by Attorney Angela Snyder
What Happens Now?
Change comes with every Presidential election and this one could be seismic. Naturally, when we heard the outcome, we began questioning, what does this mean for employment laws? What will happen to the Affordable Care Act? What will happen with the new overtime rules? Should businesses ignore the December 1 deadline and just wait to see what happens next? For Massachusetts, California, Maine and Nevada employers, and 25% of the country, employees will now have access to legal recreational marijuana. How will the workplace be affected?
While we cannot read the future, we spend much of our day watching laws change and examining legal trends. Here are our predictions and advice for weathering the coming changes.
The Overtime Rules
As a threshold matter, Donald Trump will become the President on January 20, 2017, after the new overtime rule takes effect. Although Trump’s Secretary of Labor will likely roll back many of President Obama’s employment-related initiatives, the breadth of these changes remains to be seen. Trump has not released a specific policy or position, although he has said he favors “a delay or a carve-out of sorts,” but only for small businesses. This is far from a guarantee.
Additionally, as we have advised over the last year, the FLSA White Collar exemptions require a 3 part test. Employees must receive a salary of at least $455 per week (rising to $913) per week; they must receive the same salary no matter how many hours they work; and they must pass a strict duties test. The new FLSA rule set to take effect December 1, 2016, addresses only the minimum salary level portion of the test. Many employers audited all of their exempt positions in preparation of these new rules. To the extent employees were reclassified because their duties did not meet the requirements of one of the White Collar exemptions, a rollback of the new salary levels will be irrelevant.
In late September, two lawsuits were filed in federal court in Texas, and legislation that would delay the effective date of the rule until June 2017 passed the U.S. House of Representatives. None of the legislation will pass into law before the new rules go into effect. As for the lawsuits, there is a hearing this week in an action to challenge the rule; and it is possible the presiding judge will issue an injunction at that time. However, the judge hearing the case is an Obama appointee, which means it is more than likely that on December 1, 2016, by law, all exempt positions must receive a salary of at least $913 per week.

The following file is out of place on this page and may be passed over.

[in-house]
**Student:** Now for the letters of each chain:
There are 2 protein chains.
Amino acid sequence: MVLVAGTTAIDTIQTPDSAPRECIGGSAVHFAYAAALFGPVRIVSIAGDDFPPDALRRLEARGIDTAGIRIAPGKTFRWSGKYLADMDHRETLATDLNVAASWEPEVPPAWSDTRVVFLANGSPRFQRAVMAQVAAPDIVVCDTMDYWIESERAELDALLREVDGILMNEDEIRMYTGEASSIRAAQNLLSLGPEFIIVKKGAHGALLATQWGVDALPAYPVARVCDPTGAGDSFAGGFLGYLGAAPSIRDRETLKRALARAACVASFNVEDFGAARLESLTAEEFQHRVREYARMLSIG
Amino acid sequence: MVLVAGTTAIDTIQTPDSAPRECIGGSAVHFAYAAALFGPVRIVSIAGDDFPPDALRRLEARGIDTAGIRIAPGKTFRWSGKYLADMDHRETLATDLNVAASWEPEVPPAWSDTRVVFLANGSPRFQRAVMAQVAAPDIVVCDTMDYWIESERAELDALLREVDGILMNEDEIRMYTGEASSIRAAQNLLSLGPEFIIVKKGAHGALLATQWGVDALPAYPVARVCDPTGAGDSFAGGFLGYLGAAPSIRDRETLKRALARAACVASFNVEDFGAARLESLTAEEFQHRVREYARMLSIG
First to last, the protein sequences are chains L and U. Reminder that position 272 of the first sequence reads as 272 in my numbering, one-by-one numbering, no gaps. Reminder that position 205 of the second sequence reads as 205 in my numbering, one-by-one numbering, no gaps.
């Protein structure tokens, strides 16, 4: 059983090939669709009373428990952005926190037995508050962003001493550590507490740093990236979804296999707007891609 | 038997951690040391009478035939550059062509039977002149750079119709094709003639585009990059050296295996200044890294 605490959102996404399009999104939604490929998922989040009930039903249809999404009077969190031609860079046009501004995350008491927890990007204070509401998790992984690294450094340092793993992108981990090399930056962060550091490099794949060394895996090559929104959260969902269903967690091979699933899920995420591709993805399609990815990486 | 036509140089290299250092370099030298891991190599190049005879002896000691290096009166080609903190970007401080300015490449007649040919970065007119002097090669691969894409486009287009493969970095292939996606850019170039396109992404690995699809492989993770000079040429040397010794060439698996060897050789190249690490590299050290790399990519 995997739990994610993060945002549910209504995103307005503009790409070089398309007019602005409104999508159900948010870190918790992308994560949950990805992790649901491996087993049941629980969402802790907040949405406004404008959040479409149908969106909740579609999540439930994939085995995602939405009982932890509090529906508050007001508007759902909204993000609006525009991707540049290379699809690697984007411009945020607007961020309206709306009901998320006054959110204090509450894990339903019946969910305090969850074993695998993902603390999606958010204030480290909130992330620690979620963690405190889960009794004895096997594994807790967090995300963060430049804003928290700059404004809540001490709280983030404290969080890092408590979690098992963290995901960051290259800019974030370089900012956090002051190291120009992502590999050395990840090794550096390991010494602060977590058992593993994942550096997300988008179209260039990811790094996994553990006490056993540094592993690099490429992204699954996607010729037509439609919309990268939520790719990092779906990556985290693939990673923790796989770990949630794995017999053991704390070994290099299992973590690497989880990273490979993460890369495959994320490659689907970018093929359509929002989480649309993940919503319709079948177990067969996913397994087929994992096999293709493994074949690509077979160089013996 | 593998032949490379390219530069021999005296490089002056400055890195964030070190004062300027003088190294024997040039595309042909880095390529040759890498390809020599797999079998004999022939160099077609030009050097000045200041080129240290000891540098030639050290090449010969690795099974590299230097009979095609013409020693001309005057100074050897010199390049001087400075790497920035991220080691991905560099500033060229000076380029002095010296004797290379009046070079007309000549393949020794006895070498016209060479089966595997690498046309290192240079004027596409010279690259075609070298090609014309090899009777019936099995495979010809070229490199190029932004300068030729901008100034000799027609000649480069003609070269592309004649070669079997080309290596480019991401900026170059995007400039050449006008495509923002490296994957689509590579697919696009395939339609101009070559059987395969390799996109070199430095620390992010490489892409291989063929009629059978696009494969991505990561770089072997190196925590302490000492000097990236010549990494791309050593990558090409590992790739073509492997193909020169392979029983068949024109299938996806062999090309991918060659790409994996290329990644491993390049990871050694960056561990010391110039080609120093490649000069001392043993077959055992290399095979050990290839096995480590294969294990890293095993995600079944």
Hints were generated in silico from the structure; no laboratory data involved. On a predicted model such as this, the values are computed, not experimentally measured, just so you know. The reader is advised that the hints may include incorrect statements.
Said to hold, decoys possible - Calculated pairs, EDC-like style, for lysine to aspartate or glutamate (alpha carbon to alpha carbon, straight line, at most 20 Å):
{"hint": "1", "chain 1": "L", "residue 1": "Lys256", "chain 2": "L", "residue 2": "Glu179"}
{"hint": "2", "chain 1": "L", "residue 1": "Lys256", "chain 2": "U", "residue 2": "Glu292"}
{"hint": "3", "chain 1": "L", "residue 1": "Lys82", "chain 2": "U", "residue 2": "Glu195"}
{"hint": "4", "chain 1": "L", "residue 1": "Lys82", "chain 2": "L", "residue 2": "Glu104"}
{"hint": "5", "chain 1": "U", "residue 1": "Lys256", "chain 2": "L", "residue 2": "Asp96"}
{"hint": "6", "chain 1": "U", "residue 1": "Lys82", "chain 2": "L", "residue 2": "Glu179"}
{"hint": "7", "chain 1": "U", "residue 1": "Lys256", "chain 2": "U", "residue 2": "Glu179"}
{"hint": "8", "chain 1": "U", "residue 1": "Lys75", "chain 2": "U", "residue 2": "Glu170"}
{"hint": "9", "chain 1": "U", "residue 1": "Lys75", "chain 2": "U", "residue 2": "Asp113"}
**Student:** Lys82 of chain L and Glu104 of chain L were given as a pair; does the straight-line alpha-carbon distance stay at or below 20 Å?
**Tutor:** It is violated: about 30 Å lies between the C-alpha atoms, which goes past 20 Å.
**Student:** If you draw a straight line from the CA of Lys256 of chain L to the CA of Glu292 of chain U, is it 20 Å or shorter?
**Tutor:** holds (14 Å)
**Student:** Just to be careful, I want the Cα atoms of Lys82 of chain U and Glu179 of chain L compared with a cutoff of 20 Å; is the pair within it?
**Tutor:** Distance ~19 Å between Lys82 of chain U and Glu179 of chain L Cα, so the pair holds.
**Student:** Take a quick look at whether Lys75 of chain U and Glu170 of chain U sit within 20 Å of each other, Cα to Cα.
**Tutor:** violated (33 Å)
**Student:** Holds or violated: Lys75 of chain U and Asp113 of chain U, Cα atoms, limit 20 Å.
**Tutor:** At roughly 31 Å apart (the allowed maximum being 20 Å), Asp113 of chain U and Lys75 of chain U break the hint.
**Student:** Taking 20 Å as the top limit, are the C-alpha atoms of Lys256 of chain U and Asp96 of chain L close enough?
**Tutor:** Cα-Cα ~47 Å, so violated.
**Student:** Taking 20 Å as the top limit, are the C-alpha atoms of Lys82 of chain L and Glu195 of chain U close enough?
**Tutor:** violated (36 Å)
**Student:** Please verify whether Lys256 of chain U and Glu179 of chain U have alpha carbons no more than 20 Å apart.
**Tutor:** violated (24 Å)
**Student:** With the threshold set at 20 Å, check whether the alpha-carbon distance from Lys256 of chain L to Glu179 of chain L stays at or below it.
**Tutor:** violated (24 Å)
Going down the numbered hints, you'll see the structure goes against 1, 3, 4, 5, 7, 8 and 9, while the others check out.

Why comply, when there is a chance the new rules will be rolled back? As a quick reminder, under the FLSA, non-exempt employees who are improperly classified will be owed back wages and liquidated damages (equal to the back wages owed), and the auditing agency or court will look back two years to determine the overtime and wages owed. If they believe the employer intentionally misclassified employees, that period extends to three years. Under Massachusetts law, employees are entitled to treble damages. These are not small penalties and often result in fines in the tens or hundreds of thousands of dollars.
For this reason, we advise all of our clients to comply with the new overtime rules on December 1. If the new administration changes the rules, these employees can always be reclassified as exempt at a later date.
Affordable Care Act
Trump and Republicans in Congress have stated that they will seek to repeal ObamaCare within Trump’s first hundred days in office. There are roughly 1,000 pages of the ACA and its related provisions. A full repeal will be incredibly difficult, but it is possible. It does look like Trump’s intention is to replace the ACA with some other program, which means 2017 should be interesting for employers. Trump has also stated he would keep the pre-existing condition mandate and the availability of insurance for children until the age of 26, which sounds a lot like…ObamaCare.
With the advent of the edible marijuana industry, a gummy bear is no longer a gummy bear. Recreational pot shops are coming to Massachusetts in 2018. Wondering how to prepare your workplace? Here are some things to know when it comes to creating policies on marijuana use:
So, what does all of this mean? In the states that legalized marijuana in 2012, there have been lawsuits filed by employees who have been terminated after a positive drug test. The outcome of these cases has been surprisingly consistent, and offered employers a fair amount of latitude when it comes to drug testing and terminating employees for marijuana use. This has been true even in states where recreational marijuana use is legal. However, the courts up to this point have relied on the fact that marijuana remains illegal under federal law as a major justification for their decisions.
Now that legal access to recreational marijuana exists in several states, it is likely the federal government will have to look seriously at declassifying marijuana as a Schedule I drug. This, in turn, will likely influence legal decisions.